Physician’s Practice: IKS Health offers three different suites to help providers navigate regulations and complexities, which may be especially useful during the repercussions of the pandemic.

Sachin Gupta: The way our clients tend to think of us often is we're actually one solution that has three components. And what that one solution does is it enables enterprises, in a financially sustainable manner, to focus on the patient as they navigate on their journey from the exam room, to the front office to the middle office, to the back office. And it really allows these enterprises to do that in a financially sustainable manner.

Then, what it allows the physicians to do, is it gives them the freedom, the intellectual, emotional and economic freedom to solely focus on the patient and let all of the other stuff be managed by guests to translate that we have three components of our product, IKS care, which predominantly impacts the exam room and the front office.

And what we're doing through that product is we're enabling physicians and their support teams to spend most of their time on proactive care delivery and to our solutions around clinical data management, clinical documentation, and enhance care delivery. We’re essentially freeing up between two to four hours a day off the physician and their support teams in an economically viable manner.

And then it doesn't matter whether it's a one-room based patient panel or a value based patient panel, more time with the patient will typically translate in better patient satisfaction, better care outcomes, as well as lower cost of care. And so that's our care solution—predominantly focused on the exam room in the front office.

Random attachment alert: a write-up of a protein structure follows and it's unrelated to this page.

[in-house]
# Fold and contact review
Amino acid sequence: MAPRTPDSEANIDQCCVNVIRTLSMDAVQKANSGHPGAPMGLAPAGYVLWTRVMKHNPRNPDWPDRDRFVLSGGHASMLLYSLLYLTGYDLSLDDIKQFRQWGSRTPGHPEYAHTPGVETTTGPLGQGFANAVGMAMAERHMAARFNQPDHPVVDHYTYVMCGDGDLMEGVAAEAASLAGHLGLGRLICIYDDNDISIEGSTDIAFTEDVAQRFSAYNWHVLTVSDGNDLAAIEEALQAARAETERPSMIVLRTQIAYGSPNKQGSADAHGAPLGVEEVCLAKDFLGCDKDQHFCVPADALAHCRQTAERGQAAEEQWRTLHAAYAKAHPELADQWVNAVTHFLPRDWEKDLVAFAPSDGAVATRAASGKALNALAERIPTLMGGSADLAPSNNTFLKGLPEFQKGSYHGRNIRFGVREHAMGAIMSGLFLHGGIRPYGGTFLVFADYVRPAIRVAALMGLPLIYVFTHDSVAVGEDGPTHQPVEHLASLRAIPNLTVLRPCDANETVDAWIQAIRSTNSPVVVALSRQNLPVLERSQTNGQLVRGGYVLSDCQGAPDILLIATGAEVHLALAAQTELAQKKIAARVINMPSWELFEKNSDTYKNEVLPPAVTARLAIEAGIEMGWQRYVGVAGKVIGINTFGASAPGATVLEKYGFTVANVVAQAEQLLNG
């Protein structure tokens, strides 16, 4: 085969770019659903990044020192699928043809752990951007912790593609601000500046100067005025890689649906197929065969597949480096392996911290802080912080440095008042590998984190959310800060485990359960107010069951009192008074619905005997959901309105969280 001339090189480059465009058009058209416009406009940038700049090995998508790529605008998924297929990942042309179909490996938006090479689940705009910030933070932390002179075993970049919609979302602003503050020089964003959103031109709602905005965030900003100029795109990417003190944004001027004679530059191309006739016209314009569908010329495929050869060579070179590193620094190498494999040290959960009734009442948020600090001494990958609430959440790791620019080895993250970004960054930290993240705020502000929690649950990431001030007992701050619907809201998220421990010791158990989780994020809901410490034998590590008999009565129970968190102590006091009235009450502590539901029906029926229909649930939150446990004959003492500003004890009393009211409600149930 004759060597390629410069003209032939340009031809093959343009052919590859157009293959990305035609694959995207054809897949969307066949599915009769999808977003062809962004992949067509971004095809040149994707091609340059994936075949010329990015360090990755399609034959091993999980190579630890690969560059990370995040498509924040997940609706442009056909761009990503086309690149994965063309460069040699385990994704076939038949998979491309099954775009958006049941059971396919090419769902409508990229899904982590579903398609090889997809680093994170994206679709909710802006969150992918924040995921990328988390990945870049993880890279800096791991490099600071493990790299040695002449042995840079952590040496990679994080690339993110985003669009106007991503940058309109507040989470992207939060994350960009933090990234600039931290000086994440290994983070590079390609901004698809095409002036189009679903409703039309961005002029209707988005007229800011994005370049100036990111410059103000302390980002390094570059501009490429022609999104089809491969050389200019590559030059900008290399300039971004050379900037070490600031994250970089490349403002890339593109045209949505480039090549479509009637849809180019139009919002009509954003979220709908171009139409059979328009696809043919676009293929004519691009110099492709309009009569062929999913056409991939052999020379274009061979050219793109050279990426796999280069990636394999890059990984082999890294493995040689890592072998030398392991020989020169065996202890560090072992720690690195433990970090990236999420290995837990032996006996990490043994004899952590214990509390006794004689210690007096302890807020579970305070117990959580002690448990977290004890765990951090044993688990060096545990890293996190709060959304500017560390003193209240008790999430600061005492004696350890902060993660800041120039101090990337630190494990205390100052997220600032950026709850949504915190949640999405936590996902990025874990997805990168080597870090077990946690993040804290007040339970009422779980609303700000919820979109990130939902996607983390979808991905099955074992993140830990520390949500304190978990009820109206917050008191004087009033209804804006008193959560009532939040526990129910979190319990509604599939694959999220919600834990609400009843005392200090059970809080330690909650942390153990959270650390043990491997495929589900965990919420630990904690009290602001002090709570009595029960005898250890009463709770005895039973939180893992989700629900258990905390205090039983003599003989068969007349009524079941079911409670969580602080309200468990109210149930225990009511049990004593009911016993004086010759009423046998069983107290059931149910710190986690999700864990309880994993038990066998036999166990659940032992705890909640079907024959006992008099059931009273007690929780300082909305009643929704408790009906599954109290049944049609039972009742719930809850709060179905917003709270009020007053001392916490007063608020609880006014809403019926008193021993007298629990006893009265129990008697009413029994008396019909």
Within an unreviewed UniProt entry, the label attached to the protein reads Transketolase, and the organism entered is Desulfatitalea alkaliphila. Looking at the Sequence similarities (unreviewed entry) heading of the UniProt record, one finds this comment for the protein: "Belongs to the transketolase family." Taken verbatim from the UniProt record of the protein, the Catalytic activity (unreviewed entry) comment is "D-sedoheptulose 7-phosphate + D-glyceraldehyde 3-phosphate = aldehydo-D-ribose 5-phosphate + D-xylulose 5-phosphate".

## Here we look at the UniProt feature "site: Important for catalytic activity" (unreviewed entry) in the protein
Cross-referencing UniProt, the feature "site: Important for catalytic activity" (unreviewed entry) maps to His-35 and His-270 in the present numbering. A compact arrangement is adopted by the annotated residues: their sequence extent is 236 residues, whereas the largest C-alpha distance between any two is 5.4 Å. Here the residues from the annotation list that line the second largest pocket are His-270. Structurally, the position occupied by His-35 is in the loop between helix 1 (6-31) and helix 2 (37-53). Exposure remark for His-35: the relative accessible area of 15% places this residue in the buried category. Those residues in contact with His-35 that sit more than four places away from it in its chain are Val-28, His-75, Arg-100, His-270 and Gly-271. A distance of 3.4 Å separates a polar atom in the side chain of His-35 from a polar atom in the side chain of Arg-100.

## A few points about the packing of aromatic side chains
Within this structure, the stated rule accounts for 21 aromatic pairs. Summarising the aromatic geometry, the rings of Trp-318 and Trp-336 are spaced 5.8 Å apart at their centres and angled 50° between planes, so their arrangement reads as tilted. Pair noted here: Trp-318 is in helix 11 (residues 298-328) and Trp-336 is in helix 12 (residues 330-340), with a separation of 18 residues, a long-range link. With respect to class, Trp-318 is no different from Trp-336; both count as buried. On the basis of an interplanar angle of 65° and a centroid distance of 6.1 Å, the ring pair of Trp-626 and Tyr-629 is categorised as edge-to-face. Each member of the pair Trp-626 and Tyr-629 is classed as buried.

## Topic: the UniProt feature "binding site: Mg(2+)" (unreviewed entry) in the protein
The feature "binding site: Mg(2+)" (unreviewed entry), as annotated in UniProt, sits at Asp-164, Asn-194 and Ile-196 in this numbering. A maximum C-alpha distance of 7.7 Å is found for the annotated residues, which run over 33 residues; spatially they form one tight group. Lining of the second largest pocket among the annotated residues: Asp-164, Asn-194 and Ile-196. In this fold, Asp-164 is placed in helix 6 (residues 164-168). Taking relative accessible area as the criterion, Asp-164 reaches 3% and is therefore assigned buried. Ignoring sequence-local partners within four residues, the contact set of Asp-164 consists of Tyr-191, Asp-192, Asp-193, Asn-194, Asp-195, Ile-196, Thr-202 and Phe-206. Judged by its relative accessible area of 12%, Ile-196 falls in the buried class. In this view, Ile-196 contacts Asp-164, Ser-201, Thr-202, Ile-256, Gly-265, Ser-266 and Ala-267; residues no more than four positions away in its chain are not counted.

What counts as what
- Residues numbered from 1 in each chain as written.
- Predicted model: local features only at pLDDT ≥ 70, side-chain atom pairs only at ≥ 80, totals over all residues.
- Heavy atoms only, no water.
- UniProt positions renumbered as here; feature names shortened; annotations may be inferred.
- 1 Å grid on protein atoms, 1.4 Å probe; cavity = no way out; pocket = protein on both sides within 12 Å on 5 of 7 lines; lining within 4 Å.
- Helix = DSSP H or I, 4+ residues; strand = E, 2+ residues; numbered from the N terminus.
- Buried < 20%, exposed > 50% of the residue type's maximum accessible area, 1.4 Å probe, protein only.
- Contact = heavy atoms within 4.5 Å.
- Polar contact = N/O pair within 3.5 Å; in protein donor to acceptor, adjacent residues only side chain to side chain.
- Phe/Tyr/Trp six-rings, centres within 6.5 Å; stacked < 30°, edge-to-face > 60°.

Then we've got our margin solution, which actually takes it from the front office and all the way to the back office, including the middle office. And that solution essentially ensures that there is high integrity between the care that was delivered, and the revenue and the cash recognized and collected from the care that was delivered, which is a very important element because not only is traditionally the cost of that service pretty high when it is done in house, but we've also seen that sometimes it's done pretty inefficiently and leads to things like bad debts that are in the ranges of 3- to- 5%. And so I think it's really our care product impacting physicians and their support teams to deliver patient focused care or margin solution impacting the economics and fundamental economics of the practice delivering between cost savings as well as revenue upsides or collections upsides, anything between five to 7% of revenue.

And then we have a whole practice optimization suite of offerings, which really focuses on all the technology that the practice is running to be successful. How can we make sure that that technology is implemented properly, the change around that is effected, the staff that are using the technology are trained effectively, and eventually that technology is delivering the business outcomes that it needs to deliver? As a result of its deployment, and so it's really if you really think about it, our solution is it continue from scheduling a patient all the way to collecting cash for the services rendered on the patient, as it transcends the various settings within a physician group, specifically as it relates to this pandemic.